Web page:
Natural or Adopted?

| February 16, 2012 | Comments (7)

I was standing at the counter scanning a routine medial form when something caught my eye.  Under our daughter’s name was the line

Natural child:  Insured has financial responsibility

I asked the receptionist what “natural child” meant.  She said, “Oh, it means she’s really his daughter.”  I gasped and said, “So, if she was adopted, you’d put that on the form?”  The receptionist said, “Oh yeah.  Insurance companies want to know if it’s your real kid or not.”

I stood there frozen.  There were so many things I thought about saying.  What came out of my mouth was “In 2012, the fact that we are still distinguishing between natural and adopted children is appalling.  I cannot believe the office actually puts it on a form.”

She tried to explain why it was there, but only made it worse.  This was one of those cases when less said would have been a lot more comforting.

Several hours have passed and this still upsets me.  First, as a mother I find it horrifying that there’s still a distinction between natural and adopted children.  Second, as a consumer, I cannot understand the difference between natural and adopted children where the insurance company is concerned.

I might be able to understand noting financial responsibility in cases of foster children or other unusual situations.  Perhaps if parents are divorced and the non-custodial parent has financial responsibility it’s worth noting in a file.

You’ll see that I said “noting in a file.”  At no time should a child stand there and read anything about who is responsible for his/her health care financial responsibility.  This is an adult problem that children should not worry about.

Our daughter was very upset that she was listed as a “natural child.”  She said, “You mean if I was adopted they wouldn’t let me see the doctor?”  She’s only eight-years-old, so she didn’t quite understand what it meant.  Of course, I’m a lot older than eight and I don’t understand the point either.

I’m going to contact our insurance company and ask about “natural or adopted.”  I might not get the answer I want, but at least I’ll be able to register my complaint.  Now that I know about this practice, I cannot let it go undocumented.

Shari writes about life with twins at Two Times the Fun.  Image courtesy of Stock Exchange.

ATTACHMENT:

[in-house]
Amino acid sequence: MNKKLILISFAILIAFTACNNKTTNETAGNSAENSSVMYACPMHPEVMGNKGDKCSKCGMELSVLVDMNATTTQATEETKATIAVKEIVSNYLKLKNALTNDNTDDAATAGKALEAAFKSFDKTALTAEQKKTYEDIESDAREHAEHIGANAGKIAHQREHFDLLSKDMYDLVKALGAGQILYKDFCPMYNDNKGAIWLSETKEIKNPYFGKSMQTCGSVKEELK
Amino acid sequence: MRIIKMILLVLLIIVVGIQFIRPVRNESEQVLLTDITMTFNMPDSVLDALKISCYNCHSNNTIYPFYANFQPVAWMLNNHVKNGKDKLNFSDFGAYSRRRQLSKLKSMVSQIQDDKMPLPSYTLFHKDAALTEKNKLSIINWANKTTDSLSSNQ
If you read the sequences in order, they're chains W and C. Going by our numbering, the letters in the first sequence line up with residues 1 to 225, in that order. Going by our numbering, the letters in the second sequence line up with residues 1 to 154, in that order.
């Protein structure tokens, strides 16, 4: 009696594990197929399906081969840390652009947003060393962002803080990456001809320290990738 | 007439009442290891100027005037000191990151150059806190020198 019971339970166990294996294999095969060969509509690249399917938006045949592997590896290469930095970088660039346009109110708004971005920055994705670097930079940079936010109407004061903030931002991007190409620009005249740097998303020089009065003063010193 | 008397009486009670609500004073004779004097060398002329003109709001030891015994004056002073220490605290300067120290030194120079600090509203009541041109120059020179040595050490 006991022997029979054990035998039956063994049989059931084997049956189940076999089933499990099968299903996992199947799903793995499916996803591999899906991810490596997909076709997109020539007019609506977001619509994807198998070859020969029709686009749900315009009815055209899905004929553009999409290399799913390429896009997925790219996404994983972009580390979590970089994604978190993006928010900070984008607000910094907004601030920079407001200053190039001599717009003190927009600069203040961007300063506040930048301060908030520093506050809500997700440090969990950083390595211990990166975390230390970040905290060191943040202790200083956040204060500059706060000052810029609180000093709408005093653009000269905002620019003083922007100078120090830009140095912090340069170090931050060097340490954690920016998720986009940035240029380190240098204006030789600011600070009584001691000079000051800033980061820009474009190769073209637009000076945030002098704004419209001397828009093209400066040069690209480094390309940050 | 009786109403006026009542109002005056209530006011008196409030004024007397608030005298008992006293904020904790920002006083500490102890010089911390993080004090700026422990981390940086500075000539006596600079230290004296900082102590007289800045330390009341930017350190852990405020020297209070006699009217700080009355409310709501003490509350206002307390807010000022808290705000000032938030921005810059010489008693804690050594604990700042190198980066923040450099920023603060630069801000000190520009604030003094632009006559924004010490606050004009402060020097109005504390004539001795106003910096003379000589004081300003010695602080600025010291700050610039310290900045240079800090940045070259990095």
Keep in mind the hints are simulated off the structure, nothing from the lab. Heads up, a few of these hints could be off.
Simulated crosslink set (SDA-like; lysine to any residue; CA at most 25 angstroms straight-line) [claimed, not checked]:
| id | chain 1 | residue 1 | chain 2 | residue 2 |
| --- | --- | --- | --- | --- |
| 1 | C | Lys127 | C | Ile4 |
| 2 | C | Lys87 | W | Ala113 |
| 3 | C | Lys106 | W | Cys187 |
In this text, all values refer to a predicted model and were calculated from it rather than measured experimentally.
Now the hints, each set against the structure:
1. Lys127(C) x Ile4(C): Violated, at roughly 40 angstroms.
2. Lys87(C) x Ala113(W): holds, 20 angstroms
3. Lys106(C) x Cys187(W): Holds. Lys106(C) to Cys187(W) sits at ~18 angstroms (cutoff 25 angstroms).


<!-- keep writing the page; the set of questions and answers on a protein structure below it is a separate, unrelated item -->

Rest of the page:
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About Shari: Shari is a mom, wife, marketing communications professional, gardener, Chicago Blackhawks fan, college sports fan, traveler, quilter, community volunteer, sister, daughter, aunt, friend, Siberian Husky owner, Girl Scout troop leader and book lover. You can find Shari blogging about life with twins at Two Times the Fun and tweeting @slcs48n1. View author profile.

Comments (7)

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  1. As a medical professional I can only venture to say if an insurance company is asking this question it has to do with money…perhaps they are interested in this fact when gathering medical information and family history. If a child is not a biological one the insurance company might want to know what the medical history of the biological parents is so that they can predict what if any conditions would be hereditary and would cost them money in the long run.
    I would be interested in knowing the response you get when you contact them…interesting experience. I am sorry that your young daughter had to get caught up in this business.

    • Shari says:

      The insurance company said they never ask for that kind of information on a claim. They didn’t know what the doctor’s office was talking about.

  2. tracey says:

    First of all, I hate the term “natural” when defining how the child came to be a part of the family. Because if a child is adopted, that would then mean that they were “UNnatural”. This is a horrible, horrible adjective to classify with. Biological is clinical and defines that there is a DNA connection. Noting that the child is adopted is beneficial when speaking of medical history, but that should be all that it is used for.

    I am with you: That SUCKED.

  3. Karen Strell says:

    Wow. That almost seems to border on either a civil rights or human rights violation. Your daughter is exactly on track with her question. The implication is that natural and adopted children are somehow different. My guess is that the doctor’s office needs to review the form and probably eliminate that question or state the reason they are asking for that information.

  4. That is so wrong and I agree with Tracey, biological is a better term if it actually is necessary information. I’m sure mothers who had a baby by surrogate would also feel the same way.

    I think you should complain to the doctor in charge of the practice personally.

  5. Tess says:

    When I first saw the headline of this entry, I did not know what I was going to read. I have a friend that lost his wife 6 years ago. He was left with 3 beautiful girls, all his. The eldest, twins, were conceived with donor eggs. The girls do not yet know this, they were 3 when she died. He is faced with the dilemma of how and when to tell him. It seems that the issue you address is further compounded with the technology of conception. What would he do if he had to answer that question in front of them. Or worse, if interrogated about it in their presence. I don’t know why insurance companies would need that info, but I have seen Gataca and it is scary.

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